Monitoring any performance characteristics is a very important part of achieving the best results possible. There are many ways to investigate different parameters and settings, but combining several tools and commands can give you the best overall picture of performance. This post describes the following tools:
- The ps command
- The sar command
- The svmon command
- The topas monitoring tool
- The vmstat command
The ps (Process Status) command shows the current status of active processes. It is located /usr/bin, installed by default from the AIX base installation media, and is part of the bos.rte.commands fileset.
The sar command is very useful in determining real time statistics about your system. It writes to standard output the contests of selected cumulative activity counters in the operating system. It is located in /usr/sbin, is installable from the AIX base installation media, and is part of the bos.rte.commands fileset.
For memory information, we use the command svmon. svmon shows the total usage of physical and paging memory. When you use the -G flag or give no flags with the svmon command, it will provide you with the global view. The global view shows system-wide memory utilization.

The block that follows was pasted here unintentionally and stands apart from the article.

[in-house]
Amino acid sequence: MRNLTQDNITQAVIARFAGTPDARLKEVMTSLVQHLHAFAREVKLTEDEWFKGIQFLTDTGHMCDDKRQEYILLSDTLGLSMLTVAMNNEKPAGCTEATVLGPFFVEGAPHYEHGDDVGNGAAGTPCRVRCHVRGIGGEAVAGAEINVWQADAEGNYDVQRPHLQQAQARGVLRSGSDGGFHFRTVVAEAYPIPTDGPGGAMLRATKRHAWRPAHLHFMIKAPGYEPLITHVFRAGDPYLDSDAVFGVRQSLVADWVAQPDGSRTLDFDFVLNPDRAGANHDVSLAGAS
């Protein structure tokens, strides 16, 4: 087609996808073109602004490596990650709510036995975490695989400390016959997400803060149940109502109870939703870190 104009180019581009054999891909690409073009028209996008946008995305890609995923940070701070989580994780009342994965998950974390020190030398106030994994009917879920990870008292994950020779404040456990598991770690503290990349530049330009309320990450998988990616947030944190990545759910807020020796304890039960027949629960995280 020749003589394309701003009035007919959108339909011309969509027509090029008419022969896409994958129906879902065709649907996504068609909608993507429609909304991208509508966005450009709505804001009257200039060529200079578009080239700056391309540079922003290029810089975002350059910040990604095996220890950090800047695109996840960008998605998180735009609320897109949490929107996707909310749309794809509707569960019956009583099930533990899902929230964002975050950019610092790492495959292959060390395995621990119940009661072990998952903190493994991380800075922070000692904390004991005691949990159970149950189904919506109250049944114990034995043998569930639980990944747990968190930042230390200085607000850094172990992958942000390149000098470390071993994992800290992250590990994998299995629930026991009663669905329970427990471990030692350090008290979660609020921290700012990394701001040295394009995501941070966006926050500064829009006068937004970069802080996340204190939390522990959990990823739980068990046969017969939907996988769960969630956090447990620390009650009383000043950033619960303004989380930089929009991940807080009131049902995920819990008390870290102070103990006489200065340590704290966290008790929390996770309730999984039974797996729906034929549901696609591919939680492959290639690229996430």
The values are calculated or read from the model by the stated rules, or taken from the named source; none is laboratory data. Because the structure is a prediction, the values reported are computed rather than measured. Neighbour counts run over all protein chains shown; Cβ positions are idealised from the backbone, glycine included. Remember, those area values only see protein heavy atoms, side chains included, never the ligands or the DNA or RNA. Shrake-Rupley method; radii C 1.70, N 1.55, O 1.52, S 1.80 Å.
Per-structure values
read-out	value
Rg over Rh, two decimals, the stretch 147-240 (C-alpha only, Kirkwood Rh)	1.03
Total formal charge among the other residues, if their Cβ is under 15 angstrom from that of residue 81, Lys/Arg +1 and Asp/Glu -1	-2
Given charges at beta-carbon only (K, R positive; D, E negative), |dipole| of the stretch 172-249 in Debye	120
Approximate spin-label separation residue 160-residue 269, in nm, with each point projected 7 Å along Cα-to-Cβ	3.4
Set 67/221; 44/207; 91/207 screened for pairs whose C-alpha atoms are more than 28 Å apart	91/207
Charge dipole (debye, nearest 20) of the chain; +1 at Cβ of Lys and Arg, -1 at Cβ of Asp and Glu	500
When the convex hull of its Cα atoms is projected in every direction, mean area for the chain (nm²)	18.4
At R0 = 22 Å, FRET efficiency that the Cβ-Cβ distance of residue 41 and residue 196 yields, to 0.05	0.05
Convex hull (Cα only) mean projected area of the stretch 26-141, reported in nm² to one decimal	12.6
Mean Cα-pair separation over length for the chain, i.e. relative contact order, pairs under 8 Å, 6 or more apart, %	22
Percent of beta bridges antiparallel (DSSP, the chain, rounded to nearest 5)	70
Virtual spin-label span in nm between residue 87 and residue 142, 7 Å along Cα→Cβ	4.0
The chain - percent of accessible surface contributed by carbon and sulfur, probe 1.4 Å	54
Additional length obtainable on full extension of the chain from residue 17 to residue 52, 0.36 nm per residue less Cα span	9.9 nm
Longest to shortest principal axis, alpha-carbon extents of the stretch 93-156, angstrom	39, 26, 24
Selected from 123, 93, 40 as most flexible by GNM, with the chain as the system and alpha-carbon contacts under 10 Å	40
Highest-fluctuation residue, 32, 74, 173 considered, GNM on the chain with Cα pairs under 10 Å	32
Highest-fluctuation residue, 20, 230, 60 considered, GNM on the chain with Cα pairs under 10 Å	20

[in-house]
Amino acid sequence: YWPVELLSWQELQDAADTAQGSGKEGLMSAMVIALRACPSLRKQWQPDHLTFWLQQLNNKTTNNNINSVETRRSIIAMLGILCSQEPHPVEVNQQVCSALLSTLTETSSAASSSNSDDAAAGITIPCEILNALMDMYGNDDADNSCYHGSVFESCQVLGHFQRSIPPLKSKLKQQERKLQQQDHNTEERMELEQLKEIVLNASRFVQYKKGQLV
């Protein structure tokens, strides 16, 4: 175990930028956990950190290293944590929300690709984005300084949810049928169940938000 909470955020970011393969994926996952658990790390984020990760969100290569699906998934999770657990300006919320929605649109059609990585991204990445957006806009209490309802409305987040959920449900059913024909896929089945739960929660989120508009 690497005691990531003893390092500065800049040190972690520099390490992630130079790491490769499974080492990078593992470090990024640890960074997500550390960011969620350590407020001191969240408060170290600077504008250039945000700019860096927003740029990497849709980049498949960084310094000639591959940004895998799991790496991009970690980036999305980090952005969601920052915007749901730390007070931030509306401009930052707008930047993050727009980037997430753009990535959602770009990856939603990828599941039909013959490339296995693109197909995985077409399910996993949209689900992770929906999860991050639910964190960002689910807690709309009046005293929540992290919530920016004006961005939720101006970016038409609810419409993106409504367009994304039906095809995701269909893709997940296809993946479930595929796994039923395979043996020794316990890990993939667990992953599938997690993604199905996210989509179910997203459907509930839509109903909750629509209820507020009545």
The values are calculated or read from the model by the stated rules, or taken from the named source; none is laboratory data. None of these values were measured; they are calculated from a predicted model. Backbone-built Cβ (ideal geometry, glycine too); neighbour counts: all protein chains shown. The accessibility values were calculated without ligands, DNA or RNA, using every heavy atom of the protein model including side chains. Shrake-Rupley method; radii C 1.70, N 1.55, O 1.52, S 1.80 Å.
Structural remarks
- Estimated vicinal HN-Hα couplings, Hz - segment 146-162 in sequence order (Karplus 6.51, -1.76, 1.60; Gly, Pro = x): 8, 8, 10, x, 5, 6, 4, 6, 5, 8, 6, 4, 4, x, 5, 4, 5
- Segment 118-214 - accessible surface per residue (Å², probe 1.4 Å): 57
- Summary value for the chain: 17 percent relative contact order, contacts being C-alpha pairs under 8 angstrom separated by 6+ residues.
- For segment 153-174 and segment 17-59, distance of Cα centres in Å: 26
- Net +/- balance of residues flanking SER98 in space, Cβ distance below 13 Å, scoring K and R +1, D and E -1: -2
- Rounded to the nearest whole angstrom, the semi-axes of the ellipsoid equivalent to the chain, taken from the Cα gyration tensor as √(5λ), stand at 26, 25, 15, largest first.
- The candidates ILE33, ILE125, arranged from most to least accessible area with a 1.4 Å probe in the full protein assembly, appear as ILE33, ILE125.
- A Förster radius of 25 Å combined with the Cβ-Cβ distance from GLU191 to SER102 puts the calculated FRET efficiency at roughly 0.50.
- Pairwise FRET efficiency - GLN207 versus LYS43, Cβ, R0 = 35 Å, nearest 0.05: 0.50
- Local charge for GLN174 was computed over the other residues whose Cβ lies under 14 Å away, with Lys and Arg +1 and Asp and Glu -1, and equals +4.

The topas command is a performance monitoring tool that is ideal for broad spectrum performance analysis. The topas command requires the perfagent.tools fileset to be installed on the system. The topas command resides in /usr/bin and is part of the bos.perf.tools fileset that is obtained from the AIX base installable media.
The vmstat command is useful for reporting statistics about virtual memory. The vmstat command is located in /usr/bin, is part of the bos.acct fileset and is installable from the AIX base installation media.
1. Command to display top ten processes and users:
# svmon -P -v -t 10 | more
2. Displaying top CPU_consuming processes:
# ps aux | head -1; ps aux | sort -rn +2
3. Displaying top memory-consuming processes:
# ps aux | head -1; ps aux | sort -rn +3 | head
4. Displaying process in order of priority:
# ps -eakl | sort -n +6 | head
5. Displaying the process in order of time:
# ps vx | head -1;ps vx | grep -v PID | sort -rn +3
6. Displaying the process in order of real memory use:
# ps vx | head -1; ps vx | grep -v PID | sort -rn +6
7. Displaying the process in order of I/O:
# ps vx | head -1; ps vx | grep -v PID | sort -rn +4